Fears grow in Iraq that Allawi will be excluded
The Boston Globe
By Leila Fadel, Washington Post

BAGHDAD — Ayad Allawi had hoped his political coalition’s strong showing in Iraq’s parliamentary election would propel him to the job of prime minister. But after more than eight months of acrimonious negotiations, the secular Shi’ite lost his fight – and is now the greatest uncertainty as incumbent Prime Minister Nouri al-Maliki moves forward with forming a new government.

In a nation divided along sectarian and ethnic lines, Allawi became a symbol of secularists and the Sunni Arab minority. The possibility that he may not participate leaves many US officials – who advocated a power-sharing arrangement among Maliki, Allawi, and others – worried that the government that stands at the end of 2011, when US troops are scheduled to leave, could be seen as illegitimate, worsening a fragile security situation.

Allawi’s Iraqiya bloc won 91 seats in the March 7 vote, two more than Maliki’s State of Law bloc but not enough to claim majority support in the 325-member Parliament.

“Maliki knows very well that without me personally in this process it will be very hard for regional and democracy-loving countries to buy in,” Allawi said as he ate lunch at his kitchen table one recent afternoon. “If he doesn’t accept real power sharing, we have to say goodbye to democracy forever and we have to think about other means, peaceful means, to alter decisions.”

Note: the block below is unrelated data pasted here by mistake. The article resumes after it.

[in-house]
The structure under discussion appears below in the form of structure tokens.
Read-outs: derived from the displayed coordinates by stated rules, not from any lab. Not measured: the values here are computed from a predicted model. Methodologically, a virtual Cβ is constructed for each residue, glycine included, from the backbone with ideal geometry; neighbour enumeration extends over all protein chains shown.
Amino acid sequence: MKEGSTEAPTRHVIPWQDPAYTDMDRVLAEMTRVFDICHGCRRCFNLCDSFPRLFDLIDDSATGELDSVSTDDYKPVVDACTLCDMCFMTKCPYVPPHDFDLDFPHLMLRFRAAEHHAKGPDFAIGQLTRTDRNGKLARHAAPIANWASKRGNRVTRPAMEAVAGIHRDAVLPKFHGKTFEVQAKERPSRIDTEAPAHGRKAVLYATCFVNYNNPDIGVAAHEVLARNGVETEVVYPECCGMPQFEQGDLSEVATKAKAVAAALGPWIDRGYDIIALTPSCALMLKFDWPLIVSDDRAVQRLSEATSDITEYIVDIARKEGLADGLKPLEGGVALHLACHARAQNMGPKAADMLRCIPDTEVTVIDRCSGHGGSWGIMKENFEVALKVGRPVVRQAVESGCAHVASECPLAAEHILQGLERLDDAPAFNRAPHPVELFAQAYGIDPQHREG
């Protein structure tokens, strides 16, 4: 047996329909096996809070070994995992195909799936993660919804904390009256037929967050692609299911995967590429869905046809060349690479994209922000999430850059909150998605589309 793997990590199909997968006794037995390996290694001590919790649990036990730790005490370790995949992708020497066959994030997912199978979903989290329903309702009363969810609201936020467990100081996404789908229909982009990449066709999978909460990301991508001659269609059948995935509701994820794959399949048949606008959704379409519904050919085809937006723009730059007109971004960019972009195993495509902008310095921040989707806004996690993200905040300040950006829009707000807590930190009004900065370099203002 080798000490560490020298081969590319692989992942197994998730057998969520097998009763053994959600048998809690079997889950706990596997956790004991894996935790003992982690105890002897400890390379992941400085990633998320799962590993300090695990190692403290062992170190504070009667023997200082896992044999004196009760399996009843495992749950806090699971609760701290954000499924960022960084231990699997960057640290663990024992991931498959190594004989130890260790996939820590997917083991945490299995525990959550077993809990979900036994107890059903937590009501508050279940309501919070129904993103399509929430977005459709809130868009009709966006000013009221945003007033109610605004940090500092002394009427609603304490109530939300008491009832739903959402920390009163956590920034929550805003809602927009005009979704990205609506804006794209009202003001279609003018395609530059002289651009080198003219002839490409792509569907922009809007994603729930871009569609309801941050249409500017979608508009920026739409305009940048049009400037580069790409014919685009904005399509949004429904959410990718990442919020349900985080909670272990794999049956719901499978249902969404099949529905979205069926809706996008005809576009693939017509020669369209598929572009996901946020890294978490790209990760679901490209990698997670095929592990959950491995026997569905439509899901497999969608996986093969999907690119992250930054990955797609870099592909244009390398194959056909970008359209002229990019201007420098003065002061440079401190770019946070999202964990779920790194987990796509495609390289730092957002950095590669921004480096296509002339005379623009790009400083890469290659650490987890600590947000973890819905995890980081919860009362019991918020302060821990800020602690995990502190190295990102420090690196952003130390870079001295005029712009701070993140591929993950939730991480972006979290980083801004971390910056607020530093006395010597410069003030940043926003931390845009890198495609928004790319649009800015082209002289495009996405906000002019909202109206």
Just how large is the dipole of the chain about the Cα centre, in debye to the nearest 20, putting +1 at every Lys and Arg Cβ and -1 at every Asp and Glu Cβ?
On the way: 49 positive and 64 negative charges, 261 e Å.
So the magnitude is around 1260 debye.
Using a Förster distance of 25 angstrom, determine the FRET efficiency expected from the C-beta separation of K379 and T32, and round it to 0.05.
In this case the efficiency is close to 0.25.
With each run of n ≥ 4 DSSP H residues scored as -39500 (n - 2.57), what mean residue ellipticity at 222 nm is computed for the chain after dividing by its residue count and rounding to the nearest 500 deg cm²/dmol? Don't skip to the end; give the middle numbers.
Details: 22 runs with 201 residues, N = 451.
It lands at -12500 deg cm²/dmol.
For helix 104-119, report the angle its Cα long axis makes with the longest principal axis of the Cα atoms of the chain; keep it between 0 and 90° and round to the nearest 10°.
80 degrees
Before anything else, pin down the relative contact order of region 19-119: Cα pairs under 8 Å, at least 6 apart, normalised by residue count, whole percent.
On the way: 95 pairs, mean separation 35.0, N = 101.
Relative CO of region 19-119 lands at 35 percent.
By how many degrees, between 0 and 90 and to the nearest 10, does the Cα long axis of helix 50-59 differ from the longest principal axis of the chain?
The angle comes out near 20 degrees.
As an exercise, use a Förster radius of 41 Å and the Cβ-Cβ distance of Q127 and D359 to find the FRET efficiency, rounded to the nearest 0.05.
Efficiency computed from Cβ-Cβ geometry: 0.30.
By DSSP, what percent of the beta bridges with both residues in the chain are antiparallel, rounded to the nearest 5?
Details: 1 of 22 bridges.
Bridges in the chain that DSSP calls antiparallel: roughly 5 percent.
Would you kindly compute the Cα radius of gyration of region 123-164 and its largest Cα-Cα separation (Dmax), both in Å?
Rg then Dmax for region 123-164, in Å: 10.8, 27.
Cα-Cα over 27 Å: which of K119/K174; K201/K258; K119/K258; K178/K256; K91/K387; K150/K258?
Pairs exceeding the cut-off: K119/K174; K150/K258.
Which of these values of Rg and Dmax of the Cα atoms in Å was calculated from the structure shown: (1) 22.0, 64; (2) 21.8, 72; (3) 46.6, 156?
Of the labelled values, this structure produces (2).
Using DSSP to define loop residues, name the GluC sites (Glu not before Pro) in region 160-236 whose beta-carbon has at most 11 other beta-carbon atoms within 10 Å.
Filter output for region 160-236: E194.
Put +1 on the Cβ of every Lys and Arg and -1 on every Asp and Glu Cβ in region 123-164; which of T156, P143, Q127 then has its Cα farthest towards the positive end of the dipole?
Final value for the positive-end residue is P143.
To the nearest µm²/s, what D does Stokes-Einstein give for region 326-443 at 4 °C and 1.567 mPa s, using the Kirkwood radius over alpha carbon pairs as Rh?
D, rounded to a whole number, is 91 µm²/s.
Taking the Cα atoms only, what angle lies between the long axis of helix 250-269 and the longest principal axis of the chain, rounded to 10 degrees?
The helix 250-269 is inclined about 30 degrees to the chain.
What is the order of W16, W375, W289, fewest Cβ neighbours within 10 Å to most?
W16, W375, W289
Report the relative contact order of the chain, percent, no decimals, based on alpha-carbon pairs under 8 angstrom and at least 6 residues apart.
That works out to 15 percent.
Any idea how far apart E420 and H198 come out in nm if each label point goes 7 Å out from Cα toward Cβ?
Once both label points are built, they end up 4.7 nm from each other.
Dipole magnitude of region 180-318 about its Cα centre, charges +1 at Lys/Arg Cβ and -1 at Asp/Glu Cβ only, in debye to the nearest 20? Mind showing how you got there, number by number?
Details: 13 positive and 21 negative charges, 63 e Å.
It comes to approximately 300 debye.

Allawi’s family is in London, and his home in western Baghdad is largely empty, save for the maids who take care of the cooking and cleaning. Blast walls surround the area and military Humvees are parked outside; he has received death threats and warnings from US officials that someone might try to kill him, his aides said.

A poll conducted over the summer by the International Republican Institute, a nonprofit organization funded by the US government, showed that 56 percent of the nation would not see the Iraqi government as fully legitimate if Allawi did not participate.

Only 31 percent thought it would be “legitimate” or “somewhat legitimate,” according to the poll. A poll by the National Democratic Institute, another US nonprofit, showed that Allawi had more appeal across political lines than Maliki and other leading politicians.

“We’re very, very interested in all of the key major players here having important roles,” James Jeffrey, US ambassador to Iraq, told reporters at a briefing last month. “Ayad is one of the more important ones based upon our work with him and based upon his electoral success.”

Allawi, prime minister during Iraq’s interim government in 2004 and 2005, became a symbol of change in the lead-up to this year’s vote.

Sunni Arabs who felt marginalized by the process hoped he would end religious Shi’ite majority rule.

Secular Iraqis hoped he would break years of sectarian politics that have plagued them since the US invasion in 2003.

But Allawi also unwittingly became a symbol of the return of Saddam Hussein’s outlawed Sunni Arab Ba’ath party, despite breaking ranks with Saddam more than 30 years ago and working against the brutal dictator for decades.

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